Burns Lake Search and Rescue (SAR) manager and Village of Burns Lake emergency program co-ordinator, John Rempel recently received the 2013 Search and Rescue Volunteer of the Year award from B.C. Attorney General and Minister of Justice Suzanne Anton in Victoria.
Rempel has been a volunteer with SAR and Burns Lake emergency preparedness since 1989.
“I had just finished a wildfire plan for the forest service, so I felt well-prepared for the work,” Rempel recalled. “But there was a lot more to it [emergency preparedness] when you look at all kinds of disasters, not just wildfires. But I put a plan together.”
Rempel’s 35 years working for the B.C. forest service saw the ministry go through many name changes (now encompassed under the Ministry of Forests, Lands and Natural Resource Operations). In Rempel’s time, the fire protection service was not the stand-alone Wildfire Management Branch we are familiar with today.
“In the early years, the [forest] fires were just part of our job,” Rempel said. “We had three fire information teams in the late 80s and early 90s until the fire protection service separated from the regular service. I was in charge of one of those three-man teams for a number of big fires, like the 1994 Garnet fire.”
The Garnet fire was a complicated urban interface fire near Penticton B.C. that spread quickly to over 13,500 acres in size, destroyed 18 homes, required the evacuation of more than 3,500 people, and cost $5 million to put out.
Today, Rempel’s challenges involve smaller scale events, but events nonetheless very traumatic to the people affected. This past summers was a challenging season for Burns Lake Search and Rescue (SAR) volunteers.
“At one point we had three searches going on at the same time,” Rempel said. “We had the Takysie Lake one, a Saskatoon-berry picker in Eagle Creek and a missing boater on Ootsa Lake… With three going at one time you’re really trying to keep everything straight.”
As SAR manager and emergency services co-ordinator, Rempel is the primary co-ordinator between the Burns Lake SAR, RCMP, the Village of Burns Lake, the Regional District of Bulkley Nechako and regional SAR units. He is also a volunteer member of Mennonite Disaster Services, a North American organization that helps rebuild homes after disaster strikes the elderly, handicapped, or others in need. His position with them is to scout ares in Central B.C. after disaster strikes to see if a project is required.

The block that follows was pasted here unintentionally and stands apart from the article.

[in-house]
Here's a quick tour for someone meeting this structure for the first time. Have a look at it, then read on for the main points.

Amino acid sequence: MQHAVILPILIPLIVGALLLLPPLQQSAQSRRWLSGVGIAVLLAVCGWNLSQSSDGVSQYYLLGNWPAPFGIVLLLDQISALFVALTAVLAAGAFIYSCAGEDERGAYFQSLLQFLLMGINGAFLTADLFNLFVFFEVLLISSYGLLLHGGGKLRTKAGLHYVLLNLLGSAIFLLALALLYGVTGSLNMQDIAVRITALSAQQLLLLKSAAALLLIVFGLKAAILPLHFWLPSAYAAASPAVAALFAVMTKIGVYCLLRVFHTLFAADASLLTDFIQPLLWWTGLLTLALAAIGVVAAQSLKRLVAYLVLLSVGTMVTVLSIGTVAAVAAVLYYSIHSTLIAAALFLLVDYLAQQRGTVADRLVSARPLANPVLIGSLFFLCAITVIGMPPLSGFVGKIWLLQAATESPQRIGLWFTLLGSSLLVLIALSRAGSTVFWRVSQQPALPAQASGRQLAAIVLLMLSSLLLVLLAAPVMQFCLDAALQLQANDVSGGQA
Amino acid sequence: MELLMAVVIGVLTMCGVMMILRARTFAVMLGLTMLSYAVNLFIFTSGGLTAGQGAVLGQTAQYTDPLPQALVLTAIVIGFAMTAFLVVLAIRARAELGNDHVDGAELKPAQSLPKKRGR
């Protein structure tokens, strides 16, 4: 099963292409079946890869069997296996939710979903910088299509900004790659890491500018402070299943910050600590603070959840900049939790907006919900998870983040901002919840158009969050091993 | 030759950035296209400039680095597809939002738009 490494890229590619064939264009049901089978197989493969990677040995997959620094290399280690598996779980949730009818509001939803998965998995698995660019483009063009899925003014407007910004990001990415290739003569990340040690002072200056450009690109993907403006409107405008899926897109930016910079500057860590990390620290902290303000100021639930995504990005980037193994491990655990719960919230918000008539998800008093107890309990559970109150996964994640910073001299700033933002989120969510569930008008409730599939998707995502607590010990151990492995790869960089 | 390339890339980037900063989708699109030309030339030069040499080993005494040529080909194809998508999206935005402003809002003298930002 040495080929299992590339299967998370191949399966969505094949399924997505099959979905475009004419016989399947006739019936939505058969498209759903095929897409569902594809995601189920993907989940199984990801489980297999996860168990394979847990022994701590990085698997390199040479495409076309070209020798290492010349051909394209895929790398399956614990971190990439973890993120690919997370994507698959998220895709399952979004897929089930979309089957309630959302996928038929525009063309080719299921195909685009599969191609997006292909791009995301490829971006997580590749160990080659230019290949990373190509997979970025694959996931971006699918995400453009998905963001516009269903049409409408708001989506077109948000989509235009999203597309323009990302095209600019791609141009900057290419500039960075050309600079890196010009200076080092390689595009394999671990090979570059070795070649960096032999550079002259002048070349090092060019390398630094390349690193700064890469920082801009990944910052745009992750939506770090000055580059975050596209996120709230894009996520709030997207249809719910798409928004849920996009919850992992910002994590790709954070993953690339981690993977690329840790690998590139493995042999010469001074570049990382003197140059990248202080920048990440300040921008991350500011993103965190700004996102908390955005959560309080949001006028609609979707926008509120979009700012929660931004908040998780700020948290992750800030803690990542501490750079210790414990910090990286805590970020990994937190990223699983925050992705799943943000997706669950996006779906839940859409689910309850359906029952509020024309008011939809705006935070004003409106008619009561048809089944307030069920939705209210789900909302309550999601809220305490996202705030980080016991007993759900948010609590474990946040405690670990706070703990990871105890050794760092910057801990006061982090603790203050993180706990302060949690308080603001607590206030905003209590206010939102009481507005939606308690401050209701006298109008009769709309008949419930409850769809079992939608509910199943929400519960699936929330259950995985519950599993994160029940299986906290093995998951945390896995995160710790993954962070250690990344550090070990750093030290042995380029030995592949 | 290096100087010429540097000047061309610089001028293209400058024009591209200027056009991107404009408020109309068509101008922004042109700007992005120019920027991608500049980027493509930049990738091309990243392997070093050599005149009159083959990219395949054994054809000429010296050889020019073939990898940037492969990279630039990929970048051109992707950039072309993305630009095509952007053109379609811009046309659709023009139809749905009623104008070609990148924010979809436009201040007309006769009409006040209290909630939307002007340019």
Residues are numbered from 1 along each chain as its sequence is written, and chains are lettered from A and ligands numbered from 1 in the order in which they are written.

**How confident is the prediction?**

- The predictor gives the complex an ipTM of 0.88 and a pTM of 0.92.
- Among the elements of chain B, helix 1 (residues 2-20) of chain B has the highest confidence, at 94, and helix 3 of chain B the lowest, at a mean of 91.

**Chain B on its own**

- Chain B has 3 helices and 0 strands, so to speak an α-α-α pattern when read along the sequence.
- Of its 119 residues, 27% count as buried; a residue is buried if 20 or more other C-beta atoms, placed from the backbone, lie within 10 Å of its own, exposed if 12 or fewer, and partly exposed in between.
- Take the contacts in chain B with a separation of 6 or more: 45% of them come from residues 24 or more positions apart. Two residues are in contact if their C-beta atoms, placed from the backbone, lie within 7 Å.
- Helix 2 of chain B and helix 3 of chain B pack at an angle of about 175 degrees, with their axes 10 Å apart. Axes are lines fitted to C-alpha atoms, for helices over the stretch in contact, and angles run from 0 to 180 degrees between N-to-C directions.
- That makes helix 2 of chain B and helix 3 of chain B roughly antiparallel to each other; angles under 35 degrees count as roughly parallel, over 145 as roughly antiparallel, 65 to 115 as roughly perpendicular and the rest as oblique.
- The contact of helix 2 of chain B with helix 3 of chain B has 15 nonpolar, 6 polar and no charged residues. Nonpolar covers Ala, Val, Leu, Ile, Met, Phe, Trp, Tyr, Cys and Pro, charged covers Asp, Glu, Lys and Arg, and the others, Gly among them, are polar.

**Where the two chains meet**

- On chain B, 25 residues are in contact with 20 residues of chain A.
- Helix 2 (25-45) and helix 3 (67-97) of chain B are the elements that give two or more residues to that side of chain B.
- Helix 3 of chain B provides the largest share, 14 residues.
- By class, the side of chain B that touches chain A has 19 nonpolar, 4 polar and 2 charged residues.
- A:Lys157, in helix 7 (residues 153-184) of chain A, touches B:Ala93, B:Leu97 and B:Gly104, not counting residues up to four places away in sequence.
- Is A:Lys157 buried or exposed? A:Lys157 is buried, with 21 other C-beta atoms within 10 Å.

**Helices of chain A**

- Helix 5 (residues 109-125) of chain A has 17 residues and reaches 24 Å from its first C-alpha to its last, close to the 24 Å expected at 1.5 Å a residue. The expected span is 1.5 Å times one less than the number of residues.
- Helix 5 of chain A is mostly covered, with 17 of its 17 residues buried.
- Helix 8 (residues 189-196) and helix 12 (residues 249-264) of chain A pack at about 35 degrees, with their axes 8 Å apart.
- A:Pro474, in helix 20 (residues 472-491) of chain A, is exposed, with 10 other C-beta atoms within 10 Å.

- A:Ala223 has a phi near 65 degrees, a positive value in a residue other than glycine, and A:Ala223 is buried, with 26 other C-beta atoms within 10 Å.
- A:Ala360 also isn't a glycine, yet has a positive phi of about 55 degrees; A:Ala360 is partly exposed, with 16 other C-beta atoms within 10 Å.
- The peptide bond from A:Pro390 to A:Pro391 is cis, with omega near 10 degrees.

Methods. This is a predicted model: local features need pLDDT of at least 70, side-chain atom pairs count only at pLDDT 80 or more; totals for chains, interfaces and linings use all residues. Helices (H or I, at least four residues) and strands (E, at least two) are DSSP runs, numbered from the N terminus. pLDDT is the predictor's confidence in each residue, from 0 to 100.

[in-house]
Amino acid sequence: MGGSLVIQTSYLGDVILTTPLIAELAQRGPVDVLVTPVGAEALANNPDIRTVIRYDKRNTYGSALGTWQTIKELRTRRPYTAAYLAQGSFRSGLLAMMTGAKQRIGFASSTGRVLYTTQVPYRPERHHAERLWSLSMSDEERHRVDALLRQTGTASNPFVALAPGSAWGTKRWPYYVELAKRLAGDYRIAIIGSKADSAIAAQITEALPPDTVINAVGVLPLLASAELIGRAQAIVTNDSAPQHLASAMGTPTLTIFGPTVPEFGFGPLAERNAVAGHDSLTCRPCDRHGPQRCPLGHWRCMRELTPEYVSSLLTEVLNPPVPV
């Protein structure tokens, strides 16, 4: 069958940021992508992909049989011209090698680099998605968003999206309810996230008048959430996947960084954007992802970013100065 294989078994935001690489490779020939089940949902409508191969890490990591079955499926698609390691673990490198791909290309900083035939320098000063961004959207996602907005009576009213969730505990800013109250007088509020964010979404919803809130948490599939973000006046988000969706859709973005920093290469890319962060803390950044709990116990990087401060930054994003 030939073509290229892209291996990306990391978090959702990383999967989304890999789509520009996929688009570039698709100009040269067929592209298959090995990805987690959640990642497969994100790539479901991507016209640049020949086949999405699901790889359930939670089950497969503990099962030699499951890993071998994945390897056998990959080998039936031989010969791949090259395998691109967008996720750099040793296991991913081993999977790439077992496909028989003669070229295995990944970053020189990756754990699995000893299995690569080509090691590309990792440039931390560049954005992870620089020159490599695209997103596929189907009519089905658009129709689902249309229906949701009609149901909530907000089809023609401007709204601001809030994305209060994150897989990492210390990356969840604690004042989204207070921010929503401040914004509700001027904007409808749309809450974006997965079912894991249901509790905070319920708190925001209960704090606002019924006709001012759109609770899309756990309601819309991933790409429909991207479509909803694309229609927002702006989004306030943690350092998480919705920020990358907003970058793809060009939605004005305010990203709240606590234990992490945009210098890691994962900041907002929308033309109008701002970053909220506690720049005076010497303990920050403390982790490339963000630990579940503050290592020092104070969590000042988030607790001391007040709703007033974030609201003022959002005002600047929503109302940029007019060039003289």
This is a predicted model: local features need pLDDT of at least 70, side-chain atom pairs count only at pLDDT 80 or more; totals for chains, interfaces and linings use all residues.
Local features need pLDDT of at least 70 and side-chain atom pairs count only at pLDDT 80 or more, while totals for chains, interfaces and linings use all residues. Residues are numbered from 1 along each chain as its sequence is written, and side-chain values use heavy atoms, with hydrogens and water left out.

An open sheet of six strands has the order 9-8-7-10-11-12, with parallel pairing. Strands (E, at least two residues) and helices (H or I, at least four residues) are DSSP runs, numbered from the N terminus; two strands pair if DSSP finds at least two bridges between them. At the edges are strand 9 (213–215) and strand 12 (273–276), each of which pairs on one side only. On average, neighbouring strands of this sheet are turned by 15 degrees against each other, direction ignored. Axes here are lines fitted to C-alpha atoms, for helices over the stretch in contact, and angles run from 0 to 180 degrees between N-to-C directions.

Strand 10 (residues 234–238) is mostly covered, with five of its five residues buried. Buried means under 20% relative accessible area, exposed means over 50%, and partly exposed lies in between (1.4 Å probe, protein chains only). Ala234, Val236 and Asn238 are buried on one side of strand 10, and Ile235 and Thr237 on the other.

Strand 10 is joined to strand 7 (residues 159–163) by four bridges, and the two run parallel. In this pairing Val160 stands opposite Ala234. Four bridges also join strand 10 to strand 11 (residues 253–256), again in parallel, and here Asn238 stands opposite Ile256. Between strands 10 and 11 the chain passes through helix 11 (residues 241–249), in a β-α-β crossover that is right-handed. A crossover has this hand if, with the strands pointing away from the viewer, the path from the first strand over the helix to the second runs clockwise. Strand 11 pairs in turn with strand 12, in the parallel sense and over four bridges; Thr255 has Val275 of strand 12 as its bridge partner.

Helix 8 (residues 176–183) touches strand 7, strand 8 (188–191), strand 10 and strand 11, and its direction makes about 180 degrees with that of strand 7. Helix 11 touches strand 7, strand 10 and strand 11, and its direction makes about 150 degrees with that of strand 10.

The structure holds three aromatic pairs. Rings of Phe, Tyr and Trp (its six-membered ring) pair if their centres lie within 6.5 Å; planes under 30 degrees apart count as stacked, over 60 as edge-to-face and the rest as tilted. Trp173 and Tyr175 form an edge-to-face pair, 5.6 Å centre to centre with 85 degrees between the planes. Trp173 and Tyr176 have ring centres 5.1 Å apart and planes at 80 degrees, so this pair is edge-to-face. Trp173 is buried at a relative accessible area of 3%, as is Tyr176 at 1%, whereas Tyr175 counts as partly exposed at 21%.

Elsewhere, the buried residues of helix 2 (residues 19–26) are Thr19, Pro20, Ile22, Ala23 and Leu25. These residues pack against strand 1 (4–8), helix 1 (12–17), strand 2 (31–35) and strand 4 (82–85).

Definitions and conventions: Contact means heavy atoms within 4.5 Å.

One of Rempel’s biggest challenges these days is SAR recruitment.
“A lot of people have moved away,” he said. “A lot of our people are outdoor logger types and they’re busy in the winter. Most of them are there if we need them, but we need more people willing to go through the ground SAR training and become certified.”
Certification for ground SAR qualifications involves some study over the winter and two weekends of field training in the spring. All of the training is done in Burns Lake and there is plenty of opportunity to advance.
“If you [can] get more qualifications, like team leader or search manager,” Rempel said. “There’s all kinds of specialties, like swift water rescue or avalanche rescue, [but] flat ice rescue and boat rescue are important here.”
The Burns Lake SAR will have an intake in the new year, and a few potential new members have shown interest. Rempel would like to see at least six new members, a good number for group training, but he said they would train new members one-on-one if required.
Modern SAR work isn’t just working in the field during call-outs; it requires people trained and capable of handling the computer and administrative side of a call-out.
“Not only do we need people doing the hiking through the bush, we need people with computer and computer mapping abilities,” Rempel explained. “A few people who maybe can’t hike through the bush but can do some of that kind of stuff would be very helpful.”
For more information on joining the Burns Lake SAR, contact either of the local SAR managers, Rempel or Bill Imus. Rempel can be reached at 250-692-6395.
“It’s been a lot of fun, but there’s been moments of almost anguish when things don’t turn out right,” Rempel recalls of his long volunteer history with SAR. “It’s a way of giving back to the community.”